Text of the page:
Daniel believes it’s important to understand the process of therapy at the outset. This helps clients to better orient themselves to the work they’ll be doing. He described this by saying, “Therapy is a process of change that will take time and involve uncovering things that you may not want to uncover” and added, “It’s a process of developing new habits; a new way of being, not a way of doing. It takes work inside and outside the therapy room. Change will start to happen by the work you’re doing between sessions.”

Daniel continued to expand on the process of therapy, saying, “Your current struggles may be triggering all sorts of symptoms. While it’s important to explore the present, what is happening right now is connected to what has happened to you before.” He then said, “Talking about and exploring your family and history, while cliché, is really important. It shapes us; it’s where we learned how to be.” We know from attachment research that our neurobiology is designed to encode certain ways of viewing ourselves and others based on our relationship with primary caregivers. This creates mental models about how to move through the world and interact with others.

Daniel incorporates a solid understanding of intergenerational dynamics. He said, “This is not to blame anybody for anything. It’s not anyone’s fault; they did what they did with what they knew. It’s unfortunate that they didn’t know differently. Now, you have a chance to change these patterns and be different in your family, your work, and your community.” I found his words to be so encouraging and freeing; we do not have to be bound by our experiences and can create something new when we understand ourselves and our families.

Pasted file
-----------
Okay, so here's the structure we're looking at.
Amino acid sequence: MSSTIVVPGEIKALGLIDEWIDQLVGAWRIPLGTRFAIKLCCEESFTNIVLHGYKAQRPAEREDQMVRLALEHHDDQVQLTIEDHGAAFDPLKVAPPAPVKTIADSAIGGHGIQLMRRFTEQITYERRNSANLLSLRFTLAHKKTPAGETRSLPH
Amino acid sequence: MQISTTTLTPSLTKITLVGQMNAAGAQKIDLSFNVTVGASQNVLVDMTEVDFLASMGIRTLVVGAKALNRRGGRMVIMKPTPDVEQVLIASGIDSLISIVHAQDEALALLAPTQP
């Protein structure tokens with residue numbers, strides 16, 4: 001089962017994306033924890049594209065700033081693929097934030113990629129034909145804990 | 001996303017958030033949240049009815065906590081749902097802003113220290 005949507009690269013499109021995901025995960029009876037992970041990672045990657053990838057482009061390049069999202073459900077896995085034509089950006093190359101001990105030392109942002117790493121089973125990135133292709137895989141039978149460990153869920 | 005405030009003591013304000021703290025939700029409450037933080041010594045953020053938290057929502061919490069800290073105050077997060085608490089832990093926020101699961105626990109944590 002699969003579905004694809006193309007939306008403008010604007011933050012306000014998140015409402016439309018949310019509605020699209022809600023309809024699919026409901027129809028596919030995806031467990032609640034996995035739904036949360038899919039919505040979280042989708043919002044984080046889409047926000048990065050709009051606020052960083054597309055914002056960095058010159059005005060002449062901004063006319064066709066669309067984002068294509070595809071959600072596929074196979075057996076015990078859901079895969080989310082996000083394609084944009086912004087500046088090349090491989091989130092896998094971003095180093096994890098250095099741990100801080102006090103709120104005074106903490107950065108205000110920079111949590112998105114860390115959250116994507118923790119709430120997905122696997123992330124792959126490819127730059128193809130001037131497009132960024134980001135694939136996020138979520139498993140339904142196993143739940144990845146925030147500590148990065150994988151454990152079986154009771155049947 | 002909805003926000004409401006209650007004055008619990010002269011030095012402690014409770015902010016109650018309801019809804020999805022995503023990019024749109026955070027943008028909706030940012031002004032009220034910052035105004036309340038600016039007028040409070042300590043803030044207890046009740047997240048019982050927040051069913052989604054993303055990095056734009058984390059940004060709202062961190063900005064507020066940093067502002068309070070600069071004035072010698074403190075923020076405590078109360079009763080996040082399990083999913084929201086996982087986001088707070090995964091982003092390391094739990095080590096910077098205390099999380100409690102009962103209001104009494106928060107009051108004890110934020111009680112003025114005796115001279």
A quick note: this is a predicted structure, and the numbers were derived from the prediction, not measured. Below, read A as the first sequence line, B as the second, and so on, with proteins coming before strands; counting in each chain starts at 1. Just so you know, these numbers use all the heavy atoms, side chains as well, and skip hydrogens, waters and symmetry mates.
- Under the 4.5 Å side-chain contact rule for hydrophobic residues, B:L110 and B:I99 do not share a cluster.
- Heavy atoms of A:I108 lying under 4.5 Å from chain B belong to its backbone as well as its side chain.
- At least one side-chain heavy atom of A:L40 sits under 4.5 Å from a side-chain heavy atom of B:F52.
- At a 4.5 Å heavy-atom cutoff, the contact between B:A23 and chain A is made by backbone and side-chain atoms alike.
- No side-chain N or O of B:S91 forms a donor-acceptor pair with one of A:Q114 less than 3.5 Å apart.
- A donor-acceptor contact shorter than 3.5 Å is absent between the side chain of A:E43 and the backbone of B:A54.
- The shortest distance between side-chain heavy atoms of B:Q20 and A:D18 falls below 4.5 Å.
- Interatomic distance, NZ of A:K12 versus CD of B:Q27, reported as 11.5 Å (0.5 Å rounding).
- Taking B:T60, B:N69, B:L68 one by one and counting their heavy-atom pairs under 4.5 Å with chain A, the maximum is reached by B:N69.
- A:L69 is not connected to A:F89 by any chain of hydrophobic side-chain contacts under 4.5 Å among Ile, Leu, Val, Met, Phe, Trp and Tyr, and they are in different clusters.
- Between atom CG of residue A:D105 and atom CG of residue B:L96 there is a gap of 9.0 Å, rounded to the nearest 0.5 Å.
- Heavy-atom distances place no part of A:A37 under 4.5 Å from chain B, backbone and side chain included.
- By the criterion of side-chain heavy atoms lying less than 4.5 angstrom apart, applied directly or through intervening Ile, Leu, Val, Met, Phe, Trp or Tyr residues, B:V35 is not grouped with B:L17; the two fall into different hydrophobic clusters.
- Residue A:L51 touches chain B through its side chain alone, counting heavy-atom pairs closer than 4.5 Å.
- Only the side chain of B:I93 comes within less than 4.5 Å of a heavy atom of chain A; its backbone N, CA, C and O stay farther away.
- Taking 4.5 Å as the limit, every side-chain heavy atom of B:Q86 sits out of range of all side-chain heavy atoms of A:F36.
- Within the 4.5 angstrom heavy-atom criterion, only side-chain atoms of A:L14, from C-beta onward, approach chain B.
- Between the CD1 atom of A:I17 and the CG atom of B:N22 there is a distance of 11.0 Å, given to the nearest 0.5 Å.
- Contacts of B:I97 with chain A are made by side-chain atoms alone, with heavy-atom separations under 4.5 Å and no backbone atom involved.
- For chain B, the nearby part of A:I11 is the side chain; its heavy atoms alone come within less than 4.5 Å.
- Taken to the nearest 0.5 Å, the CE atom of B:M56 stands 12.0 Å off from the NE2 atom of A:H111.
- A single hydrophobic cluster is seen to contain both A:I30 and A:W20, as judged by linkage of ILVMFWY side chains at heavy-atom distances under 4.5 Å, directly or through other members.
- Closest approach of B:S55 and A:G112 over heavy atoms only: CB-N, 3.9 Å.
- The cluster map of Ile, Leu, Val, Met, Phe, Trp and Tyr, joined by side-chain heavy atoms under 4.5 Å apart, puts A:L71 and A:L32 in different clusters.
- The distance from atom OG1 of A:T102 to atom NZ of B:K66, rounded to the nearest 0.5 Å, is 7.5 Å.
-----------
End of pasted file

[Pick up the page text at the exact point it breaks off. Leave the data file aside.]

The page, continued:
Daniel’s background in trauma has a strong influence on his work. He said, “Triggers are not causes; the experience we had during the original causes is being pulled into the present. This is steeped in our understanding of trauma and how things get stuck or stored in the brain/body. Inevitably, our past experiences will come alive in the present if they haven’t been processed.” He then went on to describe the primary focus of trauma-informed treatment, “We want to expand your window of tolerance and increase your emotional flexibility to be better able to tolerate painful/difficult experiences.” This perspective on therapy incorporates multiple areas of research from the field of psychology to create a truly integrative approach.

As with all our clinicians, Daniel was candid about how being a therapist has impacted him. When asked, he said, “It’s been humbling being in the room with clients. Helping them to engage with this change process and seeing them change over time leaves me in awe. It’s also taught me to let go of things that may be weighing on me, particularly being ok with my own imperfections.” While interviewing him, it was clear that Daniel has found his calling. I found him to be confident, knowledgeable, focused, and humble. He has a calming presence that no doubt provides a solid foundation for the tough work his clients are doing!

Learn More or Make an Appointment

Daniel is currently accepting new clients online and in-person at our Bethesda office. Learn more about him here or contact Alpha Omega Clinic if you are interested in making an appointment!

2021-05-21T21:36:04+00:00 May 21st, 2021|